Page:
Physicists experience shock and cognitive dissonance when they first understand what quantum physics is saying for it seems to contradict the logical premises of physics and scientific inquiry itself. But there is one thing that makes sense of it to me at least. If the universe was the creation of a deity who wanted keep his fingers in events then these facts of quantum physics would provide a back door in the laws of nature through which He could do so without disturbing the laws of nature. I am not saying that any such conclusion is necessitated by the scientific facts; only that on this subjective level where quantum physics created such cognitive dissonance for so many physicists, that this idea would make sense of it – to me

This is an incredible thought that had never even crossed my mind. Very cool. thank you for sharing.

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Vinnie I want to add I am open to being corrected as well if you feel I have spoken in error. I can at the very least put a footnote in to explain it was a misunderstanding on my part.

I too am impressed by the notion. John Polkinghorne, a particle physicist at Cambridge who became an Anglican priest, also put this idea into writing. I came across it in The Polkinghorne Reader, which I highly commend.

Pax Christi,
Chris Falter

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Do you think you can find it and quote that. I would be interested in hearing how he put it.

I have long been wondering what the deconstruction of the traditional canon - protestant Bible - has to do with God… :thinking:

That the Bible is simply a humanly constructed book becomes painfully obvious the longer one spends time with it… BUT that has nothing to do with larger, supra-natural realms.

The major error seems to the the evangelical penchance for identifying the Bible and God as synonymous - a classic idolatry.

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@David_Wood

Thanks for sharing your story!

Your discussion on tribalism and politics was very interesting and enlightening. I have been trying to understand what is going on in conservative evangelical communities (i.e. why my mom is so weird now), and your insights were really helpful. I grew up in a conservative church in the Reagan era, so I understand some of what is going on. However, other parts are just unrecognizable to the 18 year old me that last went to that church. It was really great getting an insider’s persepctive.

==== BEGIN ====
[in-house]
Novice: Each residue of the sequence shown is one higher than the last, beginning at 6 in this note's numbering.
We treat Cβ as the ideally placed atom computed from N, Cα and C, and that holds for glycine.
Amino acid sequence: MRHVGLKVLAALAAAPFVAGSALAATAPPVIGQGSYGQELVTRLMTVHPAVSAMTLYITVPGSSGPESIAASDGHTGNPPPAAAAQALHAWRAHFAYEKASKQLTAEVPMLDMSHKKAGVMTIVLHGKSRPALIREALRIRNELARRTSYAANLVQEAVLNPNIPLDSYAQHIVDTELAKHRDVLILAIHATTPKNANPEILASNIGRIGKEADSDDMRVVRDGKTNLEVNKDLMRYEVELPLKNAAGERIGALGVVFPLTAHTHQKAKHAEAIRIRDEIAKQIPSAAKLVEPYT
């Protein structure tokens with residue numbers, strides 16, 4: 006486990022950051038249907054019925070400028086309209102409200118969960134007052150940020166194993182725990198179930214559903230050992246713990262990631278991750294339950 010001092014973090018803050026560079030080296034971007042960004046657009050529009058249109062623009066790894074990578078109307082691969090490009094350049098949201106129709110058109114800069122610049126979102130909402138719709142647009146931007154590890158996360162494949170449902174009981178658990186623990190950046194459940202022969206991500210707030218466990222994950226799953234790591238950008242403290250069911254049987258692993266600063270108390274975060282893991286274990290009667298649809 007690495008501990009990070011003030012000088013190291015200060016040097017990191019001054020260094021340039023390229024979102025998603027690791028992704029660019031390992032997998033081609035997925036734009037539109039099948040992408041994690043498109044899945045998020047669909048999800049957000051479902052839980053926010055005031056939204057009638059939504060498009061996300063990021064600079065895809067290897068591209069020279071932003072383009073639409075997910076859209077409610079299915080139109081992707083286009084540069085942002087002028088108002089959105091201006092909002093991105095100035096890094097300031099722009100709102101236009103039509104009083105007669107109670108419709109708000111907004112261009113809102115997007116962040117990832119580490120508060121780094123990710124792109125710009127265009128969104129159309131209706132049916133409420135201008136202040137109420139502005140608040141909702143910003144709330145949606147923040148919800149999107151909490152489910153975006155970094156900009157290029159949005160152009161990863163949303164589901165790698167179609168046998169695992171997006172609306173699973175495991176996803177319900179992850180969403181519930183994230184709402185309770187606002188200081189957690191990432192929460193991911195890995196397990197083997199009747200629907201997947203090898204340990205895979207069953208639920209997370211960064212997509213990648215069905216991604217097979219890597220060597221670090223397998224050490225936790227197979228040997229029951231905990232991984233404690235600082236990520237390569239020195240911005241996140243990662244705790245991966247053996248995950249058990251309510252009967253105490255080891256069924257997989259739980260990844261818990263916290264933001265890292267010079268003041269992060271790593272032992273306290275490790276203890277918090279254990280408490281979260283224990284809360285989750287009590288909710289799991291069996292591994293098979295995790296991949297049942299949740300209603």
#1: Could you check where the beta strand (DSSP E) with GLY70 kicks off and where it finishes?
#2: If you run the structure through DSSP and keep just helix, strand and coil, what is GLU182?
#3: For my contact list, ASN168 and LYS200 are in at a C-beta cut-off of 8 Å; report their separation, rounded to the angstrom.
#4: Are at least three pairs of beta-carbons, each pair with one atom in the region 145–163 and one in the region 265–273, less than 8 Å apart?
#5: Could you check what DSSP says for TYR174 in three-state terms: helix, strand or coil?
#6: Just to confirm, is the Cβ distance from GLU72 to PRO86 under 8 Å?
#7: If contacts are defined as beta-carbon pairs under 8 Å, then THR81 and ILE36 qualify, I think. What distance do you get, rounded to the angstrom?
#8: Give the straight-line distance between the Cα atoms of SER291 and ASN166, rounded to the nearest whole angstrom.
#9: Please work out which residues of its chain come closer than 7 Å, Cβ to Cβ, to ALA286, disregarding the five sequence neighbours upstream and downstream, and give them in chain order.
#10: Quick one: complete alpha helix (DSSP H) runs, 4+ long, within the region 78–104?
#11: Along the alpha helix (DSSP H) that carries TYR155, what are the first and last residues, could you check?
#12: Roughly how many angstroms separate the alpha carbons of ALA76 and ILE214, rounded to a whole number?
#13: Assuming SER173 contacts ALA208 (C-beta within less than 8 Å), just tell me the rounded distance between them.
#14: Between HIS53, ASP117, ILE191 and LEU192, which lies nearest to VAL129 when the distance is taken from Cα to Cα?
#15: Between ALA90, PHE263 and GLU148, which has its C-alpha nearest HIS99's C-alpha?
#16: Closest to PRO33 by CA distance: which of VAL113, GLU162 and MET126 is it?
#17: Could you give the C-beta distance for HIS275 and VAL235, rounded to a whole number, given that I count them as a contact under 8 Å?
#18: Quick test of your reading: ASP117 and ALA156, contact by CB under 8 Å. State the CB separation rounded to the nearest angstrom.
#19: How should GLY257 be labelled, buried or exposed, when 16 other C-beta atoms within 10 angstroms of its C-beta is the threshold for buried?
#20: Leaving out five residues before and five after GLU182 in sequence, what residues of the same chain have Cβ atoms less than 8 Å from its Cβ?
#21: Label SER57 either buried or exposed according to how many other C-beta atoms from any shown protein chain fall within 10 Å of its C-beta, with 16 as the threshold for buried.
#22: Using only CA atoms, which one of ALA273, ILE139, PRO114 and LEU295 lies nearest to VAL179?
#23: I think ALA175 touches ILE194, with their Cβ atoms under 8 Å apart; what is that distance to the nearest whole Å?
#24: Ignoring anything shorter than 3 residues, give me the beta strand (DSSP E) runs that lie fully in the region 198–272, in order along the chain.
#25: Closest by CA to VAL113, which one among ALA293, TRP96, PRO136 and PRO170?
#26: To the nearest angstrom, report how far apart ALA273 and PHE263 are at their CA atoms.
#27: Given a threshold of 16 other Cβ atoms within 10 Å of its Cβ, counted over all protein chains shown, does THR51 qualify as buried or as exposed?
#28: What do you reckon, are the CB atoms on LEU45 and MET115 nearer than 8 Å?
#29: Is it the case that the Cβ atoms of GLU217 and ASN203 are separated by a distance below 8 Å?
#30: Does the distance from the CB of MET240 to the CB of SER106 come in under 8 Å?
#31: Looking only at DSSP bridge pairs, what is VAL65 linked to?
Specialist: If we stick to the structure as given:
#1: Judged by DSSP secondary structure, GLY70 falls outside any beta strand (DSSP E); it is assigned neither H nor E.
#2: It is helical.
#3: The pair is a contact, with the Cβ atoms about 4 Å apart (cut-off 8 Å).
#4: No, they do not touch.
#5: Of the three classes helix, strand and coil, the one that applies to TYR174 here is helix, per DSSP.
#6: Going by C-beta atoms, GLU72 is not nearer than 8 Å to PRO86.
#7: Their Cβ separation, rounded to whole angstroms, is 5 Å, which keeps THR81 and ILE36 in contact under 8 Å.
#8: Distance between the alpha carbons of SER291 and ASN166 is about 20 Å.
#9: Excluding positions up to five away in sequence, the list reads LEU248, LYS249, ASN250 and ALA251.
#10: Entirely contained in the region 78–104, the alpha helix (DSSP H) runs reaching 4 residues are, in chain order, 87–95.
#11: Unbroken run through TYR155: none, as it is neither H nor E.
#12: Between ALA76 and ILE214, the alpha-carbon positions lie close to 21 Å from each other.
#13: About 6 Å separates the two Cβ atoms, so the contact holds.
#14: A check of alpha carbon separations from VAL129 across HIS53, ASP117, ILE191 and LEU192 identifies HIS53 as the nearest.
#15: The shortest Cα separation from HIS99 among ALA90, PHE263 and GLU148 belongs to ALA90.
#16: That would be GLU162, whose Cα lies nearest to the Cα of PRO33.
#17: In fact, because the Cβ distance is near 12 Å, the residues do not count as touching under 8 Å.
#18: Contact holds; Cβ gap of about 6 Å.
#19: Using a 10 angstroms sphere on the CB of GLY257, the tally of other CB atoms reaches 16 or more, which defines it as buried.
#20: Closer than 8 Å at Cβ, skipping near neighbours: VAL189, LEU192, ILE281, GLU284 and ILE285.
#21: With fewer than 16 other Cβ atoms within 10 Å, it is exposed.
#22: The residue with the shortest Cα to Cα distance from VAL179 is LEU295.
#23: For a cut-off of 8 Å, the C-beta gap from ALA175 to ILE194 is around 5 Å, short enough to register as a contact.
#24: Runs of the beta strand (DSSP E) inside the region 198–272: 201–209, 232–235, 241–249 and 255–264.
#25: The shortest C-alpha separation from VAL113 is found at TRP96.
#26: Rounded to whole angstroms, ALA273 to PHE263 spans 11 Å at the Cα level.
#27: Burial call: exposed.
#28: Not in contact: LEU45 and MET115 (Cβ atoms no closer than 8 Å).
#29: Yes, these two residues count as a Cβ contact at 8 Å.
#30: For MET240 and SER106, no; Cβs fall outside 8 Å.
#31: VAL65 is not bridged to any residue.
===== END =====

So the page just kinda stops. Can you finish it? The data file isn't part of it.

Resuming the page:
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I can understand how it has become such a deep association over the centuries. It’s the only tangible natural connection to Jesus and the early Christian faith that we have.

I think you make a great point however and I agree that there seems to be a tendency to place more emphasis on the text itself than what the text points to.

Thank you for taking the time to read my story. I greatly appreciate it.

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It can be dismaying being on the inside (if I am really on the inside), but also liberating in a way. I also have to remain humble about it because I know if I were deeply engaged with a tribe I would become just as blind to the group’s short comings as everyone else.

We are relational creatures for sure.

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The first person I want to see is my Nan.

What I have found David, only recently, after decades of deconstruction finally leading to fierce rational atheism only in the past three years out of 67; that order does not require meaning, purpose; that fine tuning requires no intentional tuner, and although there have been long periods of empty, rational and felt unbelief after the first long fall down that elevator shaft, I am currently experiencing a faint signal of faith. It just won’t die : ) < that’s me as I write. And that signal is… tuned to rationality as well as desire.

Still : )

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Hi Klax,

Thank you for your comment and for taking the time to read my story. Modernism and science never really panned out for me in the end. I came to realize there was never anyway to truly know anything. That’s not to say I don’t enjoy and appreciate the scientific endeavor, I do. At the end of the day though, it created more questions than answers.

I have come to accept that by the sheer grace of God, I am what I am. A believer in the love and grace of God revealed in Jesus.